Descendents : 9th & Walnut

Descendents 9th & Walnut

I find something weirdly comforting seeing veteran and legacy punk acts on tour. They’re willing to get in the van as long as their fans are willing to come together to form pits, surf to the front, and scream lyrics in band members’ faces and provided microphones. This is all in spite of whether there’s new music to be promoted, let alone its quality. The Misfits had their worldwide cash grab. Commercial successes like Green Day play behind solid albums which nevertheless pale next to their classics. Perpetually smaller-time acts focus on niche releases and big multi-band bills in tiny venues. Regardless of context or reason, all of these houses get packed.

The one act I’ve grown more curious about from seeing them first before really hearing them are Descendents out of the Los Angeles hardcore scene. They have seminal work (Milo Goes to College), a sound beloved and copied by other bands, even something of a mythology surrounding lead singer Milo Aukerman (and his caricature) and the band’s fondness for coffee. They also have a release/touring/hiatus schedule where absence made the heart grow fonder. Following four studio albums from 1982-87, Descendents released just one in each of the next three decades. The new 9th & Walnut is only a relatively brief five years removed from Hypercaffium Spazzinate, and part of a flurry of band activity throughout the 21st century.

Longtime Descendents fans know their first single as a trio in 1979 (“Ride the Wild” b/w “It’s a Hectic World”) had more in common with New Wave, failing to prepare the world for the storm to come with Aukerman as lead singer. 9th & Walnut comprises the missing link between them playing fast and playing loud and fast, bringing together a “lost album” of songs written and arranged between 1977 and 1980 by original members Frank Navetta (guitar), Bill Stevenson (drums), and Tony Lombardo (bass). They laid down the instrumentals for these songs in 2002 with the intention of Aukerman adding vocals afterwards, but that didn’t happen until COVID-19 gave him and the world idle hands in 2020.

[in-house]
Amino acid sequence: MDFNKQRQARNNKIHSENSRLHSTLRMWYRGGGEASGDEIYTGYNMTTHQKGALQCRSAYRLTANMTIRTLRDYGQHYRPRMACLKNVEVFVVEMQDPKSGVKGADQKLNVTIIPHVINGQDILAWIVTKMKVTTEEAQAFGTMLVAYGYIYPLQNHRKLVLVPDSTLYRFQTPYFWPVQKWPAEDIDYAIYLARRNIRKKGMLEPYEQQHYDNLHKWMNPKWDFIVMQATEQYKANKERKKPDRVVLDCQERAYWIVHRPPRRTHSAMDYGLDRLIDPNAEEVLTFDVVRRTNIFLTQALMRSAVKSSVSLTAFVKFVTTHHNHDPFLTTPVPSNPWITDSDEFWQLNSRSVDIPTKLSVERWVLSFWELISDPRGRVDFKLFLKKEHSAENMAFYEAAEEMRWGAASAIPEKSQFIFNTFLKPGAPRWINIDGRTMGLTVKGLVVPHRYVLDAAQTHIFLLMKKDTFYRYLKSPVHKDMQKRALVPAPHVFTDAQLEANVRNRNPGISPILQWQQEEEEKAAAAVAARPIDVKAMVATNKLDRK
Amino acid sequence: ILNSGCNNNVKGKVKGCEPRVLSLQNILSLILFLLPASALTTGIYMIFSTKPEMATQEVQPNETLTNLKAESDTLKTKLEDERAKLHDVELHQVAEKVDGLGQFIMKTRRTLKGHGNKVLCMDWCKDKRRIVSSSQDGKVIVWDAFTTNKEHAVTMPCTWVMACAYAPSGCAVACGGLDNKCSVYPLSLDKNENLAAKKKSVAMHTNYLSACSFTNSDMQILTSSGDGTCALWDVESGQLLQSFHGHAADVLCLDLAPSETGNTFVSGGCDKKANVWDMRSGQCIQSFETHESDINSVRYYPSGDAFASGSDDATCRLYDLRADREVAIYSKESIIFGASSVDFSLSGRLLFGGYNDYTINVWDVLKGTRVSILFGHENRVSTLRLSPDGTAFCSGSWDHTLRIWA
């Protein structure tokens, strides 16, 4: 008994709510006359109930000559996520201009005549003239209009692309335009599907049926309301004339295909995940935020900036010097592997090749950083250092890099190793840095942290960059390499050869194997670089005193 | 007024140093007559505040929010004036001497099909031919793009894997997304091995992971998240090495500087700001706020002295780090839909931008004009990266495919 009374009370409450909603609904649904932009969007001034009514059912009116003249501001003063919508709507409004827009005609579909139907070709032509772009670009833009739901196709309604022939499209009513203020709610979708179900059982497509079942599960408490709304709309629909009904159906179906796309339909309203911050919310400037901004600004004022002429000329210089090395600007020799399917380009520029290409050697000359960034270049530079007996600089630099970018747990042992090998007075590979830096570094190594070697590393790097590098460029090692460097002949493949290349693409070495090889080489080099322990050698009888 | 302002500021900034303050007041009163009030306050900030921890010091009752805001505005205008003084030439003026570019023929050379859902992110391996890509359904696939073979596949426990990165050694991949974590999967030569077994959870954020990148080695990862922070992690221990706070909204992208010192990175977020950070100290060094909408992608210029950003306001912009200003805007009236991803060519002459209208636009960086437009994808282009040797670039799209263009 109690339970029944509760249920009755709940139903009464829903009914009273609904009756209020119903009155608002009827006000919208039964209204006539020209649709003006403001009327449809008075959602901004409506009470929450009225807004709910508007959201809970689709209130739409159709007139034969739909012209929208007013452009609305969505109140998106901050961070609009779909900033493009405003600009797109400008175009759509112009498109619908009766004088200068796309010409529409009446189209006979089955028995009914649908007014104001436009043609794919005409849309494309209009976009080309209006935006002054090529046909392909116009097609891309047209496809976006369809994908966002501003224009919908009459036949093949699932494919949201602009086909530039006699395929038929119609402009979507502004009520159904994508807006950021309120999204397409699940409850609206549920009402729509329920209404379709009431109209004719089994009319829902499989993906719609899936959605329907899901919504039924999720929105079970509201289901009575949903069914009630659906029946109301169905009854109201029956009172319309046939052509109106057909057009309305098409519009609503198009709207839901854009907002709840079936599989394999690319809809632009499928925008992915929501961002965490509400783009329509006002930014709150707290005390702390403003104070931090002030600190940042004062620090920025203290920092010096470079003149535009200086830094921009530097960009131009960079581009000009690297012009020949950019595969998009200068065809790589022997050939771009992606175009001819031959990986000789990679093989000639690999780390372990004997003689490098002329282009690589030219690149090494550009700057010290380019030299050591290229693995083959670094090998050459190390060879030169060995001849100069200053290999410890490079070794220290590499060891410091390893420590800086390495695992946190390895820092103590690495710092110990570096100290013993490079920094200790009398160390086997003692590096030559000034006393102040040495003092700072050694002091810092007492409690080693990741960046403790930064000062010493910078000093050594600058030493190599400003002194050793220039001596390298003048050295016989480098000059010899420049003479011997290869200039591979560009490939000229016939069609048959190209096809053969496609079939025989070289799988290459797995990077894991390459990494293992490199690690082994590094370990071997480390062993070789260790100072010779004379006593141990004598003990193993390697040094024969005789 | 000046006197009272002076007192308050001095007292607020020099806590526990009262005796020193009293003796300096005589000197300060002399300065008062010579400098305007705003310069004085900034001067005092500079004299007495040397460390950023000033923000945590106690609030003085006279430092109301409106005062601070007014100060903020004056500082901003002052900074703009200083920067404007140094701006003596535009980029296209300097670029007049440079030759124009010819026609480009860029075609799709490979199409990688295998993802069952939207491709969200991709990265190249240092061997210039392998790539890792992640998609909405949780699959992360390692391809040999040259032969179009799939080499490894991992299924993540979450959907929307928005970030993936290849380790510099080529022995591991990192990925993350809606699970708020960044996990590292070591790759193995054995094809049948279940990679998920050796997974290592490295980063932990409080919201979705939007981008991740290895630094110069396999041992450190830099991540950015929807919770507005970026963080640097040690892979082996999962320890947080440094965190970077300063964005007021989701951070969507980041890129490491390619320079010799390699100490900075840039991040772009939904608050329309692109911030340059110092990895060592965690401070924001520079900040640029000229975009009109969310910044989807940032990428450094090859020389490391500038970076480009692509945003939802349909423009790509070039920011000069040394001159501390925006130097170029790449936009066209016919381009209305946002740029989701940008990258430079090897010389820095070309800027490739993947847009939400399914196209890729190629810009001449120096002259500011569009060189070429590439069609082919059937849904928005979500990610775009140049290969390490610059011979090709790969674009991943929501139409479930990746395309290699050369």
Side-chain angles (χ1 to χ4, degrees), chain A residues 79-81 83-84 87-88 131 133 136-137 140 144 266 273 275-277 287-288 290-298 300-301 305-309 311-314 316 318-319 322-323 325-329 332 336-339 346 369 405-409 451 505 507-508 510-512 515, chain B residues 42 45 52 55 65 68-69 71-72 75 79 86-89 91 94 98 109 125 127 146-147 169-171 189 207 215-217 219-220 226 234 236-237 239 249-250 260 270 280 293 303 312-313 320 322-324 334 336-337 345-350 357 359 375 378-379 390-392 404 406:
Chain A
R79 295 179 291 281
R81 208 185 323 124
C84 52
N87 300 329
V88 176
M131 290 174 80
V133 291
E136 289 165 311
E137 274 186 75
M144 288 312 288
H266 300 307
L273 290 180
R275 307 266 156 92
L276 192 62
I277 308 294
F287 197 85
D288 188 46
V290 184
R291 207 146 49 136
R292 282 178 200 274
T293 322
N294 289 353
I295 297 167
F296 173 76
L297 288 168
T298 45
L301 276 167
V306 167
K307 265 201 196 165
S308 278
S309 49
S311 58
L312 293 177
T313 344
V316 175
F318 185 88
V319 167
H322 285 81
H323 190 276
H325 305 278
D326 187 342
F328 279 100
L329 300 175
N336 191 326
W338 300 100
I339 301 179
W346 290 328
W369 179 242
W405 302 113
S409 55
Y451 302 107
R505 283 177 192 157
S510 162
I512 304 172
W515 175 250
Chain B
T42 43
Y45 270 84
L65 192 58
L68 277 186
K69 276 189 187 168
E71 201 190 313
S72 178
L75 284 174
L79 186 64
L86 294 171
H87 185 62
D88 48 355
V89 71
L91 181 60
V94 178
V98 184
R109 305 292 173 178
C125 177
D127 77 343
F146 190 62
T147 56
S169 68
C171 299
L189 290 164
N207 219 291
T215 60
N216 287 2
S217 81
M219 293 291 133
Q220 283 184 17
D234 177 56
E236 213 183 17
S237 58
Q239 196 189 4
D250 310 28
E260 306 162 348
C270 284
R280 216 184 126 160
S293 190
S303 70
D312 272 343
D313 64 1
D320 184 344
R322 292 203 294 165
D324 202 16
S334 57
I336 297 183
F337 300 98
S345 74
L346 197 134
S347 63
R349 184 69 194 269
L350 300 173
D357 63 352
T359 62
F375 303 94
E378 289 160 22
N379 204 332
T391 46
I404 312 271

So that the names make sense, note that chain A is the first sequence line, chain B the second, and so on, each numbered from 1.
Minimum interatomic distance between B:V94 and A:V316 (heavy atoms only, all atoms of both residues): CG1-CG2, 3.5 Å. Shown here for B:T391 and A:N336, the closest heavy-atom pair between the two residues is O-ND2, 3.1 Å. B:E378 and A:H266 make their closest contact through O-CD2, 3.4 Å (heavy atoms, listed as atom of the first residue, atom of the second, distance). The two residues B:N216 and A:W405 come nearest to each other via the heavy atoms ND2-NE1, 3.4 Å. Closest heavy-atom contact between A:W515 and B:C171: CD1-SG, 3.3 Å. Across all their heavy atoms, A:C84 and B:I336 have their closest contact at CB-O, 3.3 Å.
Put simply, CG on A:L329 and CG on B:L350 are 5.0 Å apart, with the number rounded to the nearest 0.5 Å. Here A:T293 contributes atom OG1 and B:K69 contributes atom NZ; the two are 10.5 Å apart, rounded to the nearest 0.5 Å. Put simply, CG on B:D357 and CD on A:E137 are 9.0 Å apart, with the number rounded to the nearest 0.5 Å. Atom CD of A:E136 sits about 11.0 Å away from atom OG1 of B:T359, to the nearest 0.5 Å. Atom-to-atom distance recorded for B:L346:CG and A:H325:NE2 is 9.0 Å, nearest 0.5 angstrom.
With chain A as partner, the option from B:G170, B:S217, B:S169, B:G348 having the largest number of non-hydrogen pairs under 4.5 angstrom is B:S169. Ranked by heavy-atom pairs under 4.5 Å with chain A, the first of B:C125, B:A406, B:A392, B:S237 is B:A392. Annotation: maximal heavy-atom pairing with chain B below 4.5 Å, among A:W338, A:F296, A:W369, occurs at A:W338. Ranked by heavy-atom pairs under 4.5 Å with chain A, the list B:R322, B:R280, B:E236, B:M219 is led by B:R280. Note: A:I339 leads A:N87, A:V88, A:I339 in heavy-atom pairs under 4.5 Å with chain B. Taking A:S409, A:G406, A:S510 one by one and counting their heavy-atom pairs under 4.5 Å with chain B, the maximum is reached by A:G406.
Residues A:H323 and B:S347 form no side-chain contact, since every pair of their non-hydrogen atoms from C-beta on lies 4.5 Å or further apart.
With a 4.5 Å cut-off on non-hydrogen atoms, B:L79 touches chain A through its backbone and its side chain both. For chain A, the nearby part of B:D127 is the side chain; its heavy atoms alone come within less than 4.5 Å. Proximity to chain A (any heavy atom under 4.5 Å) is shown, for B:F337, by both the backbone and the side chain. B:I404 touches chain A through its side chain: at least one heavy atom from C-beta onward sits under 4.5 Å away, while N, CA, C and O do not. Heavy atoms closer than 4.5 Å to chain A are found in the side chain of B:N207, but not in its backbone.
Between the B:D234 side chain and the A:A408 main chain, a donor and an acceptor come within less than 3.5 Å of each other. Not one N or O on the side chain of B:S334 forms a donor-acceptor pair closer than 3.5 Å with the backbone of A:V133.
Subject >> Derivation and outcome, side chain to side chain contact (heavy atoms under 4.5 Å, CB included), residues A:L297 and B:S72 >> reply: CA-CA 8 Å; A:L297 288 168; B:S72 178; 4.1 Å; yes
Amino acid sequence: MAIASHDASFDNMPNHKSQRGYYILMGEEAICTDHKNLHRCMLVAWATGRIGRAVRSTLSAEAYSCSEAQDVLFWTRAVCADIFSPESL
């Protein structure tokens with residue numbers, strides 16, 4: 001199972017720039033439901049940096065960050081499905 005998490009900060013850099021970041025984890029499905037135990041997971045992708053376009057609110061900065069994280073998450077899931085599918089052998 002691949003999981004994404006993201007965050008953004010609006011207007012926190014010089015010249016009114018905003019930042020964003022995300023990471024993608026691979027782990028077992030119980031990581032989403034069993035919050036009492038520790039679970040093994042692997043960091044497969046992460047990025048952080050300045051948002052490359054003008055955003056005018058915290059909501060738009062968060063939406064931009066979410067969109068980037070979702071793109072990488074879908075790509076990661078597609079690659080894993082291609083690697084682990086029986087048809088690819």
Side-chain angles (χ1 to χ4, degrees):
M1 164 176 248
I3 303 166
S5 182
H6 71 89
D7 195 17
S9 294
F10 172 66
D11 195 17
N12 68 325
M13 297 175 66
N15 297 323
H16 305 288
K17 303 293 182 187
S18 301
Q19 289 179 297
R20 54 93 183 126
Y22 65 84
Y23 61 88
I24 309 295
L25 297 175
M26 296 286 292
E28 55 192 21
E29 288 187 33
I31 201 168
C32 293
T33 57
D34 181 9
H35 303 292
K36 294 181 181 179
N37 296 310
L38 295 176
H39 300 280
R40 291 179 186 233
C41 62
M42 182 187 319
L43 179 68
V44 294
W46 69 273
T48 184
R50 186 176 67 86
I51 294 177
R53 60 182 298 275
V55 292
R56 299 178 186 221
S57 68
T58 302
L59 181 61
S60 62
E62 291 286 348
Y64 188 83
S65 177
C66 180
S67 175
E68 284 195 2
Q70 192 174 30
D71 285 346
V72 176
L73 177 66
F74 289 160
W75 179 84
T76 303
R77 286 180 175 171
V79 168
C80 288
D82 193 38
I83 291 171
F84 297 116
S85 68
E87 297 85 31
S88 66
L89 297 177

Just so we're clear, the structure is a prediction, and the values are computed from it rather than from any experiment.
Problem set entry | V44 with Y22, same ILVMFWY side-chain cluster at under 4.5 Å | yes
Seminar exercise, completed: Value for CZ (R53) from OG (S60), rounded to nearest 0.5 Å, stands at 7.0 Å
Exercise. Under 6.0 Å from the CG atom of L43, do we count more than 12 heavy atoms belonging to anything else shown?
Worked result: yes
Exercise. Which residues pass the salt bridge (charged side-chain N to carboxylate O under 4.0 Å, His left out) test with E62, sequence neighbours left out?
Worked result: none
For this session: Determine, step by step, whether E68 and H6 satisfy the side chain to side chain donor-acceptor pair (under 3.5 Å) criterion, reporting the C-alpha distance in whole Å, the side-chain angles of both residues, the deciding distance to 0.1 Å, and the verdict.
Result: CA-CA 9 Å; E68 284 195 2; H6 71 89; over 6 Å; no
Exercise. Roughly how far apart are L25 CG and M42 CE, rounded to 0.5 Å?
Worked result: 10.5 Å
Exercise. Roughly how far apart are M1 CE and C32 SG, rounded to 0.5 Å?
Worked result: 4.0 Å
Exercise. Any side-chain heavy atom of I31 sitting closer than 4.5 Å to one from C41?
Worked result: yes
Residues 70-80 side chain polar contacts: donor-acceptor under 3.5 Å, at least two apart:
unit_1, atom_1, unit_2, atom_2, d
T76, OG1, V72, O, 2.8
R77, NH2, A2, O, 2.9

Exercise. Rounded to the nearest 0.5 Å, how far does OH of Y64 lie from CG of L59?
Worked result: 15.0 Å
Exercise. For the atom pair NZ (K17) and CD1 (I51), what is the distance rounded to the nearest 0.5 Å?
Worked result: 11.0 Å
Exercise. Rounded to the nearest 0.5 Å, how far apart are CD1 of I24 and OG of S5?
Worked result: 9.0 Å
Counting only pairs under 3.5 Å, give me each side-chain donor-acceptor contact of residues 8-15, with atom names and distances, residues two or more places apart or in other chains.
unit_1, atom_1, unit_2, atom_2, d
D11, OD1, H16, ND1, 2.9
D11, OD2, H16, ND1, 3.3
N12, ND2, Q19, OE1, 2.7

With 18 songs in 26 minutes this album absolutely flies. You’ll need to replay it to make sure you catch some of the best parts of the punk contemporaries Descendents worked with and influenced. There’s hyperbole in the manner of Dead Kennedys (“Crepe Suzette”), some rather stunning harmonies that would fit into Bad Religion’s catalog (“Tired of Being Tired,” “Mohicans”), and the blunt force of Black Flag (“Grudge”). They’ve included anti-bullying songs, anti-establishment music disguised as hairstyle ranting, and whatever non sequitur nonsense “Sailor’s Choice” is. But more surprisingly and importantly, 9th & Walnut makes clear connections back to the nervy, almost jangly pop of the original trio and their debut single.

I keep imagining someone like Joe Jackson doing a song like “I’m Shaky” in the vein of his own jittery “I’m the Man,” or maybe it feels like one act should cover the other. Even at Descendents’ ludicrous speed you can find storytelling and caterwauling hallmarks of their fellow Angeleno band X all over tracks like “To Remember,” frying up their punk with country gravy. And lest you think these are byproducts and happy accidents from older work, new recordings of The Dave Clark Five’s “Glad All Over” and both sides of Descendents’ first single with Aukerman singing them carry these suggestions and more forward.

There will always be the lingering question of how much more visceral this music might have sounded if Descendents had completed it in the moment, punks in their twenties playing cheap instruments at dodgy studios instead of family men piecing this together digitally across time and space. And truth be told, a few lyrics here are less than kind to the women in their spheres when written, even if they’d dipped their frustrations deep into sneering satire. But overall, 9th & Walnut is a bracing triple-shot of a musical history lesson.


Label: Epitaph

Year: 2021


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